Medical Marijuana Rules For Maryland Doctors Raise Concerns

Oregon on Monday issued a list of more than 250 pesticides cannabis growers may be able to use on their crops.

The list represents the first clear guidance from Oregon agriculture officials on what chemicals the state's marijuana industry may use to defeat mites, mold, mildew and other common pests and problems. Top state agriculture officials made clear that the list is a "starting spot" for marijuana growers, who still have to follow pesticide labels.

Lauren Henderson, assistant director of the agency, said regulators combed through more than 12,000 pesticides registered with the state to see which had labels broad enough to include cannabis. Ultimately, the agency came up with about 250 products. The list will be reviewed quarterly, said Henderson.

MARYLAND:  Proposed rules for Maryland‘s nascent medical marijuana system are drawing objections from a leading advocate, who says the regulations could discourage doctors from participating.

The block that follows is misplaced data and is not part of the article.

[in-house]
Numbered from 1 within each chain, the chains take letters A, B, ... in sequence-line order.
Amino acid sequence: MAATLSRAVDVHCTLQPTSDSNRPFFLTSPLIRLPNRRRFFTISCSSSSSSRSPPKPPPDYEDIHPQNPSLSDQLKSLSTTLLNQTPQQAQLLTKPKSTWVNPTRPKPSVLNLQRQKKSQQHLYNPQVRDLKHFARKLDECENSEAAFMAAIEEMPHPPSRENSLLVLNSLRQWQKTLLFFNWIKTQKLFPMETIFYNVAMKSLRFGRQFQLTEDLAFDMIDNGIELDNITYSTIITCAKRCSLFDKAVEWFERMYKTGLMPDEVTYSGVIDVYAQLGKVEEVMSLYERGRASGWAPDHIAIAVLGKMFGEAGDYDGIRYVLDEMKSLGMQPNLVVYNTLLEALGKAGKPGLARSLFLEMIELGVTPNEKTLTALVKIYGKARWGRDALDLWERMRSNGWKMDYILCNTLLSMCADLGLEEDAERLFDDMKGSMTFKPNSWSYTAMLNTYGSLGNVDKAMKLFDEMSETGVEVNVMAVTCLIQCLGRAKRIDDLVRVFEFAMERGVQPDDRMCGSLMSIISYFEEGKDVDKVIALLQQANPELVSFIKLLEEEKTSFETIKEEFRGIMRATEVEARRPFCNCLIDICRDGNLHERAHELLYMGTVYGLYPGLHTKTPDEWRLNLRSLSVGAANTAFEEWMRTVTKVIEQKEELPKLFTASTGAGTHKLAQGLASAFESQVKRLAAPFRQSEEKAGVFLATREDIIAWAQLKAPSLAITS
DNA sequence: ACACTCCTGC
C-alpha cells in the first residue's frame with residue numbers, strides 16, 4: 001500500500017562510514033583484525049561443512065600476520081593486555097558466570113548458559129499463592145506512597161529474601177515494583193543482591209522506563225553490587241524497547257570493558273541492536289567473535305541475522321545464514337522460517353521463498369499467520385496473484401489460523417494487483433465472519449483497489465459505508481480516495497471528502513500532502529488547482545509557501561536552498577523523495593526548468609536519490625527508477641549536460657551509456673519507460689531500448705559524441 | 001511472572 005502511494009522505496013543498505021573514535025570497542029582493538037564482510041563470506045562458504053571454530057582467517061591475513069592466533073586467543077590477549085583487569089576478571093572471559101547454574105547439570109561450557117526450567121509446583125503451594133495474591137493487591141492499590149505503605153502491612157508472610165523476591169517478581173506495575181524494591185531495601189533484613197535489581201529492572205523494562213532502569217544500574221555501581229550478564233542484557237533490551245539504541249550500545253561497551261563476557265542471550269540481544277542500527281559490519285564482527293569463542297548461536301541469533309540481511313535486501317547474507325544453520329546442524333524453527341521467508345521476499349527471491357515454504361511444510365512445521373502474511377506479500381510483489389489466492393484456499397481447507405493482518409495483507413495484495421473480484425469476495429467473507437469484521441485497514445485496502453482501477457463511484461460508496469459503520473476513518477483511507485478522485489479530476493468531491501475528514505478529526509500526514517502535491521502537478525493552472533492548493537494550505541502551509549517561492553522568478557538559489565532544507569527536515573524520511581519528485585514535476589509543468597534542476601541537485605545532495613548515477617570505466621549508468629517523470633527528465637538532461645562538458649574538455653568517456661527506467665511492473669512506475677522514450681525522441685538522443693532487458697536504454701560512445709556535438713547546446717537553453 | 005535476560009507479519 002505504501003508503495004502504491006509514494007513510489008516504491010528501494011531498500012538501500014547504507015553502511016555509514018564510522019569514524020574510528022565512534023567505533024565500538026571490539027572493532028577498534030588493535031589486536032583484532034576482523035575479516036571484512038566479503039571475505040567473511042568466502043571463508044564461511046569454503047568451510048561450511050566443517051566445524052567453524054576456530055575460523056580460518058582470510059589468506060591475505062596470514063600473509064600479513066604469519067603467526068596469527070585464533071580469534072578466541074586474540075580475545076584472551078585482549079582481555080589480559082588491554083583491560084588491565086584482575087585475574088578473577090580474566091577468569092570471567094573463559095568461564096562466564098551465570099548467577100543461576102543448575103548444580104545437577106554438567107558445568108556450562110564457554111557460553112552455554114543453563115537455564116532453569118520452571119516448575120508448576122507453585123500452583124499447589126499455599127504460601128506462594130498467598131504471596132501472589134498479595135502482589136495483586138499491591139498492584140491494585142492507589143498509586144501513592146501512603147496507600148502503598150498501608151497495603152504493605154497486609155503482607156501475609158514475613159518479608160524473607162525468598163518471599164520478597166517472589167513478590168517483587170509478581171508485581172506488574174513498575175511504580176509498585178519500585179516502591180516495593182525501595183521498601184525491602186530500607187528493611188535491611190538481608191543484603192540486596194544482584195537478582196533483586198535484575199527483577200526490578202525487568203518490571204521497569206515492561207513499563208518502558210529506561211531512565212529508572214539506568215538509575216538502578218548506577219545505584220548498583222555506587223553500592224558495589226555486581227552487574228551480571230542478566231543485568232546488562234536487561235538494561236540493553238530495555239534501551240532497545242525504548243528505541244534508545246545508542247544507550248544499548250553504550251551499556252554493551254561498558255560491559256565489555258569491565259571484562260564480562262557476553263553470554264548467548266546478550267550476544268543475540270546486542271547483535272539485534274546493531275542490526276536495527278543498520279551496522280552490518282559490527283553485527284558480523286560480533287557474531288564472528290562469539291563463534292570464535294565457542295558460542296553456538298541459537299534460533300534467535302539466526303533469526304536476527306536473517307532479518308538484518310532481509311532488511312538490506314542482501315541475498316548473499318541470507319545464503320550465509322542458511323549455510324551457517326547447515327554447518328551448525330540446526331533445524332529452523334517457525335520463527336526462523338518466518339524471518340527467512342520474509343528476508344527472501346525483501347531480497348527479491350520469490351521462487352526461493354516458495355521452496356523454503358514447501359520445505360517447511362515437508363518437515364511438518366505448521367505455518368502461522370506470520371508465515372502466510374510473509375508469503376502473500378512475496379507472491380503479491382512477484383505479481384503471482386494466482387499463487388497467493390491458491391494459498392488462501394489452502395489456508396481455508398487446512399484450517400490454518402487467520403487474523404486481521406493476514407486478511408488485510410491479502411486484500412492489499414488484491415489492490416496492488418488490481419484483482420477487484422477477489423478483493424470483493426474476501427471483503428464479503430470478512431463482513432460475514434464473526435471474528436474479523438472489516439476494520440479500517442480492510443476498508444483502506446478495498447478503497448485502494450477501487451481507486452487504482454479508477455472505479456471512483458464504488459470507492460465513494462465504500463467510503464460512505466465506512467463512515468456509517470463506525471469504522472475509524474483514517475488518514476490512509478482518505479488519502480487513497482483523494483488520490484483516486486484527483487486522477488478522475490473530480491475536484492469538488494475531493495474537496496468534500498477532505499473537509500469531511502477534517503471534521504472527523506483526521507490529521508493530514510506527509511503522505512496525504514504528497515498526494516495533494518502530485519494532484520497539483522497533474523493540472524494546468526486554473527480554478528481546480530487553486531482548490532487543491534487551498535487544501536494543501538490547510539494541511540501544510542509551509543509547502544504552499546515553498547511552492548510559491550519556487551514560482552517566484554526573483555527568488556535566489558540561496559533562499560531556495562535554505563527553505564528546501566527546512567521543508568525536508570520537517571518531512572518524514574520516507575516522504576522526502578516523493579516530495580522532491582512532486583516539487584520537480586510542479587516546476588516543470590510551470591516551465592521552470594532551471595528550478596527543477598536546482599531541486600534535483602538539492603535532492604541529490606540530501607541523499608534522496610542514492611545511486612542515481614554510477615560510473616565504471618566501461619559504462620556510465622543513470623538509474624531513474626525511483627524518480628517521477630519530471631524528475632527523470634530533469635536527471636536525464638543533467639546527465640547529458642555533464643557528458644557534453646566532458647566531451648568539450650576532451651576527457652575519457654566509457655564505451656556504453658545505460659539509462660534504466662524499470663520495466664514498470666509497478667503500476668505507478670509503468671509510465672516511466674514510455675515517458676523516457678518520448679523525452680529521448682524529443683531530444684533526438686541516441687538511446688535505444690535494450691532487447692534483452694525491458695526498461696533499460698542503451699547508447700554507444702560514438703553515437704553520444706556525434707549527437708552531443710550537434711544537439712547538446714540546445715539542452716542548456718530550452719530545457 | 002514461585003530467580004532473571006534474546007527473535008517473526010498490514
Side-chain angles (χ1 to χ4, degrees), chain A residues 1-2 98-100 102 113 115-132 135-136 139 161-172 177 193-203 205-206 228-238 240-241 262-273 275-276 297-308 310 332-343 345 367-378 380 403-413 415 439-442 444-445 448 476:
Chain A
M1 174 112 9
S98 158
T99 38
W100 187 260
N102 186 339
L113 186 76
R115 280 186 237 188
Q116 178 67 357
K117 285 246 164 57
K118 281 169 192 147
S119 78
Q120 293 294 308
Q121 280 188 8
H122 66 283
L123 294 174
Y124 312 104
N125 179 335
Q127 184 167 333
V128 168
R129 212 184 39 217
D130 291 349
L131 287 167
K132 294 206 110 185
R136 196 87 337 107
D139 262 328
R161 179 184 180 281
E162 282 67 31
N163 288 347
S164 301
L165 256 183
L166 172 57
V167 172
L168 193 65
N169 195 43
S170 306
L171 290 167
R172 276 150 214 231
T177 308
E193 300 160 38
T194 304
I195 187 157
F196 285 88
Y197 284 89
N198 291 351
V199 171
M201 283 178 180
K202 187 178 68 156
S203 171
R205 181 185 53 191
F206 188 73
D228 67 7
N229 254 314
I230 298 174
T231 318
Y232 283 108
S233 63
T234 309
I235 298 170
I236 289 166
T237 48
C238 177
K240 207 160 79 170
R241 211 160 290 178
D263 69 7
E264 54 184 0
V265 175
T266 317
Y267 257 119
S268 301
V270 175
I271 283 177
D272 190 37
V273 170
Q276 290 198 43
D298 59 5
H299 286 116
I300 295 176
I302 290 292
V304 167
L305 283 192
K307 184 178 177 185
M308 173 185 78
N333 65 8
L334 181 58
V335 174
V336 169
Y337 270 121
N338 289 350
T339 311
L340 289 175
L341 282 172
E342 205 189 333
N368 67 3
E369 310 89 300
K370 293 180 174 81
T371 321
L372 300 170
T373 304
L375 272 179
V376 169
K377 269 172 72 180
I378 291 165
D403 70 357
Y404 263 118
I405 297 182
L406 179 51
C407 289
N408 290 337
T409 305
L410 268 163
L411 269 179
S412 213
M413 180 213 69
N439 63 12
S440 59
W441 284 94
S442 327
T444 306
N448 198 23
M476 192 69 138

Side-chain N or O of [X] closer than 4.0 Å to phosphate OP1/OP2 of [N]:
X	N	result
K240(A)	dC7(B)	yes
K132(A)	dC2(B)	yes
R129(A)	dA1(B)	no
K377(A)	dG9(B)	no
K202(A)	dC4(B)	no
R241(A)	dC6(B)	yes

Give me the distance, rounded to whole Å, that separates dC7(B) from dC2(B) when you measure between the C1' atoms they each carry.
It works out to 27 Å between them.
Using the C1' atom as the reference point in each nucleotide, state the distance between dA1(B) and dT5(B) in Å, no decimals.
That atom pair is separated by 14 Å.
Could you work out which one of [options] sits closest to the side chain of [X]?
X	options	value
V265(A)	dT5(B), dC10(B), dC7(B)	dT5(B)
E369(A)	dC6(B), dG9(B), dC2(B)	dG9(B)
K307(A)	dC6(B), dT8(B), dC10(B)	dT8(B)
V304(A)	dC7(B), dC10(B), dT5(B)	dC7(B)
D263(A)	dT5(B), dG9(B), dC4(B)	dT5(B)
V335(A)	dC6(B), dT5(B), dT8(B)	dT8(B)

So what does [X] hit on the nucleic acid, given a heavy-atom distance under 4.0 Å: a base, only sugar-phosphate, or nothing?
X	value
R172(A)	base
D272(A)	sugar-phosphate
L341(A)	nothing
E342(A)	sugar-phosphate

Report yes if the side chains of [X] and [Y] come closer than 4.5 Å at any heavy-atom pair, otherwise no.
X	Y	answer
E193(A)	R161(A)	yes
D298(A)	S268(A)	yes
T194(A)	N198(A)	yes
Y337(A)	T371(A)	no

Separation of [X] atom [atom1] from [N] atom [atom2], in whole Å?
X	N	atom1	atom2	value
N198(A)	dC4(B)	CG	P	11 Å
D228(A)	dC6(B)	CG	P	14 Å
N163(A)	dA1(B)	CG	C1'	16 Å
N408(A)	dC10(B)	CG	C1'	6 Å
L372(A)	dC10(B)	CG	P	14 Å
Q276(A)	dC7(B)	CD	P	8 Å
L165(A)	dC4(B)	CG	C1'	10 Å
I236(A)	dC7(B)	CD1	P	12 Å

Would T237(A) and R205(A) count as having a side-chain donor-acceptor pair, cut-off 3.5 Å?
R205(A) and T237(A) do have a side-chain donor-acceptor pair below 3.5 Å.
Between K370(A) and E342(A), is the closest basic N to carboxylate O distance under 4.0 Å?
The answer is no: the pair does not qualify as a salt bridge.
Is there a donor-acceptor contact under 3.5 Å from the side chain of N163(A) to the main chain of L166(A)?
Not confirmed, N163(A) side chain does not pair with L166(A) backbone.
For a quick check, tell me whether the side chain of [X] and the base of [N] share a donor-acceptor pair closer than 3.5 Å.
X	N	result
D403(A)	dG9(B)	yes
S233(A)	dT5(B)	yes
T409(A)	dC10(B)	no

Del. Dan K. Morhaim, one of the chief sponsors of the legislation, criticized the draft regulations for requiring training and continued education in the medical use of marijuana for physicians who want to help their patients access the drug.

“Please don’t create any barriers for physicians,” Morhaim, a Baltimore County Democrat and the General Assembly’s only physician, told the state’s Medical Marijuana Commission at a hearing this week.

Morhaim warned that requiring continuing medical education could deter doctors because, he said, courses on marijuana are not readily available. He also questioned the need for doctors to take periodic courses on marijuana when they don’t have to do so for more dangerous drugs they prescribe.

 

 

Read full article @ Baltimore Sun

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